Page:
TJ: It’s so easy, in our normal, busy, technologically-driven lives, to forget that these “subtle realms” really do exist. The stories you tell in your book of such I-Thou encounters when people are immersed in the reality of death are so moving and beautiful. They occur as well when people are present and mindful in nature. With the gifts of beauty we make for hurt places, we don’t claim to be able to “heal” the Earth, but sometimes it seems that something like that does happen. I remember one story of a woman who was worried about the sea turtles on the Alabama coast. The female turtles only come ashore once a year, and that’s to bury their eggs in the sand. Now those eggs are endangered by ATVs, dogs, and other disturbances. With a couple of friends this woman worked with seaweed to make an image of a turtle in the sand. A few days later, she wrote me to say that a female turtle had laid her eggs right by that image! And a few days later another turtle did the same! Did the consciousness behind the gift convey something to those turtles? There’s no way of knowing. But there is such magic in stories like this.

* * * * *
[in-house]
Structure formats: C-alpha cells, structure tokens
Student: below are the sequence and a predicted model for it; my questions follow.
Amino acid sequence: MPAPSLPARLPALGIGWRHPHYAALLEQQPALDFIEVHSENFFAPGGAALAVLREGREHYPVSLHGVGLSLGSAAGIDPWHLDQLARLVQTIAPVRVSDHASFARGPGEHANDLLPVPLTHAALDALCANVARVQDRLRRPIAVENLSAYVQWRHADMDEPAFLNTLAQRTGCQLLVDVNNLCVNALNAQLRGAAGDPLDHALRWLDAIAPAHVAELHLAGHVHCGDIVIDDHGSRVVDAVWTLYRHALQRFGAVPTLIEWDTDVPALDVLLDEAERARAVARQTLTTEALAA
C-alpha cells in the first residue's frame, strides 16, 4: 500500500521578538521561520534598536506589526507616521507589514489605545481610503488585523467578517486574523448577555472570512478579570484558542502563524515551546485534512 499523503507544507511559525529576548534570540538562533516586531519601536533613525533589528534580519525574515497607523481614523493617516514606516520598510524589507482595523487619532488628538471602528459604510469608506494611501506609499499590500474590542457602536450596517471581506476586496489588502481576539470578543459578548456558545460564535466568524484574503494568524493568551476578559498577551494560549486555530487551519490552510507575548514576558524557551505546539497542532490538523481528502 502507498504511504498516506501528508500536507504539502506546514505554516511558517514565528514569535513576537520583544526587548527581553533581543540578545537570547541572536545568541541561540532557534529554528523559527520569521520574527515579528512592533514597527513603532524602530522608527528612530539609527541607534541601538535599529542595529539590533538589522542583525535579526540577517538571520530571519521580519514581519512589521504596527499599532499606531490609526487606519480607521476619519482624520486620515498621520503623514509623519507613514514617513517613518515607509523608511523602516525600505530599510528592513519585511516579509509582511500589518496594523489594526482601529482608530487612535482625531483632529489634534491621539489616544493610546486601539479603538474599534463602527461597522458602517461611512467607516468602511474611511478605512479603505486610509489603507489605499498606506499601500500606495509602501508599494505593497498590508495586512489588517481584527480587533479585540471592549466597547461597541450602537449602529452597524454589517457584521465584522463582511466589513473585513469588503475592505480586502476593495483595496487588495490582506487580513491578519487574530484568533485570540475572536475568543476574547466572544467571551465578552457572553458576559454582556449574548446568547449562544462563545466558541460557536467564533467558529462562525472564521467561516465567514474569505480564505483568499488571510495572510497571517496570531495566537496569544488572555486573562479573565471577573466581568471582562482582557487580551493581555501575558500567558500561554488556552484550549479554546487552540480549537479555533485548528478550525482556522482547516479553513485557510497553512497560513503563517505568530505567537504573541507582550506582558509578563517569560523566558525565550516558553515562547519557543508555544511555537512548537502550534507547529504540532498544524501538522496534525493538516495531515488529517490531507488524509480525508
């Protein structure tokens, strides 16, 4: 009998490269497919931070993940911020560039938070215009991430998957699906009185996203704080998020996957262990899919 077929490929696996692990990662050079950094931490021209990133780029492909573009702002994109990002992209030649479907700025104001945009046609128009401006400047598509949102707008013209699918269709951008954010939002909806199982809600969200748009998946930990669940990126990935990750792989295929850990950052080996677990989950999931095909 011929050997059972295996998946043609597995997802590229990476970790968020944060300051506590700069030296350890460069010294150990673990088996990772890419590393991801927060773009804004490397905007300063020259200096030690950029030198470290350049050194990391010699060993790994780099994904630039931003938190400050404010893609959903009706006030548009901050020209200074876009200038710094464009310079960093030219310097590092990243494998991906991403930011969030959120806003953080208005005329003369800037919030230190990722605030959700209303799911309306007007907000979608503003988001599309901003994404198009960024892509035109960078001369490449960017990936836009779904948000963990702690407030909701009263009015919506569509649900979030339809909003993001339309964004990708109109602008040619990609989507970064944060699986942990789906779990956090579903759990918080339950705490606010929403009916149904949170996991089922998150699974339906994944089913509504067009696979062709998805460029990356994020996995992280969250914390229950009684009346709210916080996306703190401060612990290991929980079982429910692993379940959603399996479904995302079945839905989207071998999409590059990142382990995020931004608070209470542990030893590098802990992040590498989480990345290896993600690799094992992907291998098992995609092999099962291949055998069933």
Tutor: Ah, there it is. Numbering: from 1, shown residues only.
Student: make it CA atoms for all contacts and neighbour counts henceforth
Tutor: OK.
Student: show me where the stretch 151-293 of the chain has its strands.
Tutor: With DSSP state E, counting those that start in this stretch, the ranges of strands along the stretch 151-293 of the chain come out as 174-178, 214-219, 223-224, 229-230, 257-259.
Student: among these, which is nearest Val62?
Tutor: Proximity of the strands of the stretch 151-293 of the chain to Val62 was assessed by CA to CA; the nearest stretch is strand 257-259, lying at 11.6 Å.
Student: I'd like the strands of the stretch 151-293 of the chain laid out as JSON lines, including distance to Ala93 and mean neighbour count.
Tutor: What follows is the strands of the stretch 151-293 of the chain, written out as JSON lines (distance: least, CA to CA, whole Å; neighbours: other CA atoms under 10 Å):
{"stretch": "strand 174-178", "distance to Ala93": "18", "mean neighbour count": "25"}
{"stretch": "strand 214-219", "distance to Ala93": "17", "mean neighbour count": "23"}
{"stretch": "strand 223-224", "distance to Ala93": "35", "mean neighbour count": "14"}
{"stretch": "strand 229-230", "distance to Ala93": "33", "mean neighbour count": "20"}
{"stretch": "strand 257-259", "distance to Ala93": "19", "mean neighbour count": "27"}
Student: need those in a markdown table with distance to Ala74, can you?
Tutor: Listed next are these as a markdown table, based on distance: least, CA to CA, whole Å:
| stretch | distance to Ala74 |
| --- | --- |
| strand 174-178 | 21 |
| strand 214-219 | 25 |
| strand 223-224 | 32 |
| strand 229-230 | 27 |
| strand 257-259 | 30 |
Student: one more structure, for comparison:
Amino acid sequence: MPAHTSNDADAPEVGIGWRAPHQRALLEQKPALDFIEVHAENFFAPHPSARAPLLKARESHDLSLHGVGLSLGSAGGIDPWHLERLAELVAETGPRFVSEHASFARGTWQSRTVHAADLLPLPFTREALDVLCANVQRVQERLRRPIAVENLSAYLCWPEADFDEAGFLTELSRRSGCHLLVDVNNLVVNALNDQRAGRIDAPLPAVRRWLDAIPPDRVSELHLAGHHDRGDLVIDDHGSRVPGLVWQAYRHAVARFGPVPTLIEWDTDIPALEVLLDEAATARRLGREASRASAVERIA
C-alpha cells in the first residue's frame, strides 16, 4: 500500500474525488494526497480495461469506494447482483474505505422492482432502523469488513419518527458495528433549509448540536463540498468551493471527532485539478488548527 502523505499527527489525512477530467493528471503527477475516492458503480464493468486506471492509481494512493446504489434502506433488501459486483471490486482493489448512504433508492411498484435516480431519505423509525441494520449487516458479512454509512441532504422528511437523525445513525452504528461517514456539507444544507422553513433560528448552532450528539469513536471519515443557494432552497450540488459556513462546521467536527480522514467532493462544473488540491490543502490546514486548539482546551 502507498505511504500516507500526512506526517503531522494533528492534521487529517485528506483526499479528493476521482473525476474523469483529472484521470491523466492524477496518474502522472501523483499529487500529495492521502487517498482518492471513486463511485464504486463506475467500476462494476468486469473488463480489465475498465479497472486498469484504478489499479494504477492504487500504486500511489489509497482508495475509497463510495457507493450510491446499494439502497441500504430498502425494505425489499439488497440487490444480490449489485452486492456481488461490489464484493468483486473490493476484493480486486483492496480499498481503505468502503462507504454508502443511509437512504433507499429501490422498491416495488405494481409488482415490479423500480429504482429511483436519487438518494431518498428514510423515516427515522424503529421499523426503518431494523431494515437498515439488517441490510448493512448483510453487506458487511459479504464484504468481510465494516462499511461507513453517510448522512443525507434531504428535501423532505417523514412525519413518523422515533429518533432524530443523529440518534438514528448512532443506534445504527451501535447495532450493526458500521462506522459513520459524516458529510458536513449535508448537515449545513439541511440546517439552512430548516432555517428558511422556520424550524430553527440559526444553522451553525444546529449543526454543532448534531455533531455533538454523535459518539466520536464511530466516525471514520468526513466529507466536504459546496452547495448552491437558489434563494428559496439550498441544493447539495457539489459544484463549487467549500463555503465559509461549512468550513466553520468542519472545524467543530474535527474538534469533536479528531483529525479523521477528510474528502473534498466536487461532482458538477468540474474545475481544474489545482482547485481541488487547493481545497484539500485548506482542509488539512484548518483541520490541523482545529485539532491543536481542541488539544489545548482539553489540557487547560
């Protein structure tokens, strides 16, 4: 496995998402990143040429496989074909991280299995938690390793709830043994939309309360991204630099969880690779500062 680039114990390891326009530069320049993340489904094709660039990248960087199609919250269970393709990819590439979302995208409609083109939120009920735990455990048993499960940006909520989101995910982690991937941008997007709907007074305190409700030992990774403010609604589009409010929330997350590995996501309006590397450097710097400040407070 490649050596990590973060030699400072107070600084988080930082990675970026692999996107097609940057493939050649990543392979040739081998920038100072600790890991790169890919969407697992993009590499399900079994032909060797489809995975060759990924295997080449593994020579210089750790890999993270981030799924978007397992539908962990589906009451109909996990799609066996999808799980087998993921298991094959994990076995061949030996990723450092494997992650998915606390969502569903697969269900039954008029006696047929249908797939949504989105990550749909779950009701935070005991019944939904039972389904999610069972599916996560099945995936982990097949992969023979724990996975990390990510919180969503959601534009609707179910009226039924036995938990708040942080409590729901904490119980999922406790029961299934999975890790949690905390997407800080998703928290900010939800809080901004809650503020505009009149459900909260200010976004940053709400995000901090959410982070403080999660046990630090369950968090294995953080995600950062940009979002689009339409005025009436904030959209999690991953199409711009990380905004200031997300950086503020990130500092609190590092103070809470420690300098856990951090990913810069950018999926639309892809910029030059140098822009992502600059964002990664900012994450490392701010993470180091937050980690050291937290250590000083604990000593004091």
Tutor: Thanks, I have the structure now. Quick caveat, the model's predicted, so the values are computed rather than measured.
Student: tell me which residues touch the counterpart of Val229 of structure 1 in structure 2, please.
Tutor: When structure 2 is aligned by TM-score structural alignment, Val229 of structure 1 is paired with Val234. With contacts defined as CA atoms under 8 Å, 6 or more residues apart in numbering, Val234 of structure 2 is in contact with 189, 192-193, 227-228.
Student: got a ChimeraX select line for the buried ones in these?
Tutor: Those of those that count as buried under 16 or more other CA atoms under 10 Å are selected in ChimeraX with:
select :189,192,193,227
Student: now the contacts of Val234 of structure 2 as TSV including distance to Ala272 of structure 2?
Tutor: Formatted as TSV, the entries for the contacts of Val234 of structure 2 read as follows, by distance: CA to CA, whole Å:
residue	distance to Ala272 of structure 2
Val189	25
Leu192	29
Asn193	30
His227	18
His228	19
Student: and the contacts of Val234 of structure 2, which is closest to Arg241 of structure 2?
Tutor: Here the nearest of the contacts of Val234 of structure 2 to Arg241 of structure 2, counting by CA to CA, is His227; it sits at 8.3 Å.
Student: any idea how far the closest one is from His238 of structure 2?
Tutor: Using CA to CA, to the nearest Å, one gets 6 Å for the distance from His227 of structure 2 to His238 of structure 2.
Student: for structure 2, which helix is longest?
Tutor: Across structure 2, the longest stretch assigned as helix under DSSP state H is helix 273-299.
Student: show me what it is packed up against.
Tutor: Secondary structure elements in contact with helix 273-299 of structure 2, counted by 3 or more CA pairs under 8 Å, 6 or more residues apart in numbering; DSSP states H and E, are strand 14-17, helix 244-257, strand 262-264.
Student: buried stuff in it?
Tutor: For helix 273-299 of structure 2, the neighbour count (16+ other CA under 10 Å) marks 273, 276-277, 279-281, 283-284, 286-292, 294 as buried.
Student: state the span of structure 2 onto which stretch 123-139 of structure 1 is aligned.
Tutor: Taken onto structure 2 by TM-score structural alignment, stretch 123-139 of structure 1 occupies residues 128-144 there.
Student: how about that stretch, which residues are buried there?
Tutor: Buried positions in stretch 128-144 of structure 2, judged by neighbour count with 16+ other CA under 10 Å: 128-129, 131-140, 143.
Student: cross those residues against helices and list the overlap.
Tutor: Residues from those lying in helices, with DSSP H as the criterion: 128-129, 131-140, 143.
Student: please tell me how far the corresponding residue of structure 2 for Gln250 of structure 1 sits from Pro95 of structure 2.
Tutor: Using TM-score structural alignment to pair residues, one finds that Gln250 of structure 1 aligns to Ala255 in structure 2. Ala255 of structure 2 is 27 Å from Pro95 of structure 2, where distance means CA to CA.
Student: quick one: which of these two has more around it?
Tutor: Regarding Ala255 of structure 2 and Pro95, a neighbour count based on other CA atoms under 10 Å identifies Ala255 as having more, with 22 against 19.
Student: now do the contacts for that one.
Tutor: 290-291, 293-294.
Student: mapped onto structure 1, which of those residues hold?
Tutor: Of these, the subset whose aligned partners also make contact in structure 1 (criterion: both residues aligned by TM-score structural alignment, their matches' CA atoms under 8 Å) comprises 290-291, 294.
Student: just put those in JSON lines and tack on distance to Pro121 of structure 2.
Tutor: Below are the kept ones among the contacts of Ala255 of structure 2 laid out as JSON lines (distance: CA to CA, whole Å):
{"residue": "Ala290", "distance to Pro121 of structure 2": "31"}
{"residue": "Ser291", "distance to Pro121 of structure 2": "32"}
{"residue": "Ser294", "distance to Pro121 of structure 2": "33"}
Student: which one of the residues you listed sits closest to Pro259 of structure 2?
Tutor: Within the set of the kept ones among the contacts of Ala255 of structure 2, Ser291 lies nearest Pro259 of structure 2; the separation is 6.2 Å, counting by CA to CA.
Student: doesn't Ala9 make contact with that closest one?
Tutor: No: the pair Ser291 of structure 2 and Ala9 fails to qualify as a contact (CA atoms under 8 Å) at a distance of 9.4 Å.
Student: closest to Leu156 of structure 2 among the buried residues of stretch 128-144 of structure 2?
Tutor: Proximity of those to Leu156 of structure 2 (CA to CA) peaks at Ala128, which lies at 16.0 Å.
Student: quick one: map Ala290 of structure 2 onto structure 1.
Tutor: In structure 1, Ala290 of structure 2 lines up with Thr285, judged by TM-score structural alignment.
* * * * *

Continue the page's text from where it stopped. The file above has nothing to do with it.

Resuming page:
LH: Your story is a perfect example of what can happen when human beings reach out to the natural world from a place of love, concern, and care. A tangible sense of reciprocity and dialogue between humans and nature can emerge, one that asks us to put aside our doubting dismissive minds for a time, and consider what it might mean to partner or co-create with the natural world and the subtle dimensions of life once again. What would such co-creative partnership look like, and what unknown gifts and possibilities could emerge from such a reunion? When my mother died, I had a powerful experience of working consciously with the spirits of our land during her transition, and that experience lies at the heart of my book. Somehow, such partnership helped me accept my mother’s death and find a greater ‘brightness of being’ amidst the very real pain and loss I was experiencing. Surely such co-creativity is also happening on some level when your groups gather to bear witness to the destruction and loss of the places they love. The idea that the ecology of a place can be responsive, even supportive of human beings who are present and who reach out for kinship—this is exciting, for it hints of a partnership of potential we can cultivate for the wellbeing of all. A potential that holds seeds of hope and renewal for our future. I like to think that our books are part of those seeds, Trebbe, and can be of service in these troubled times. May it be so!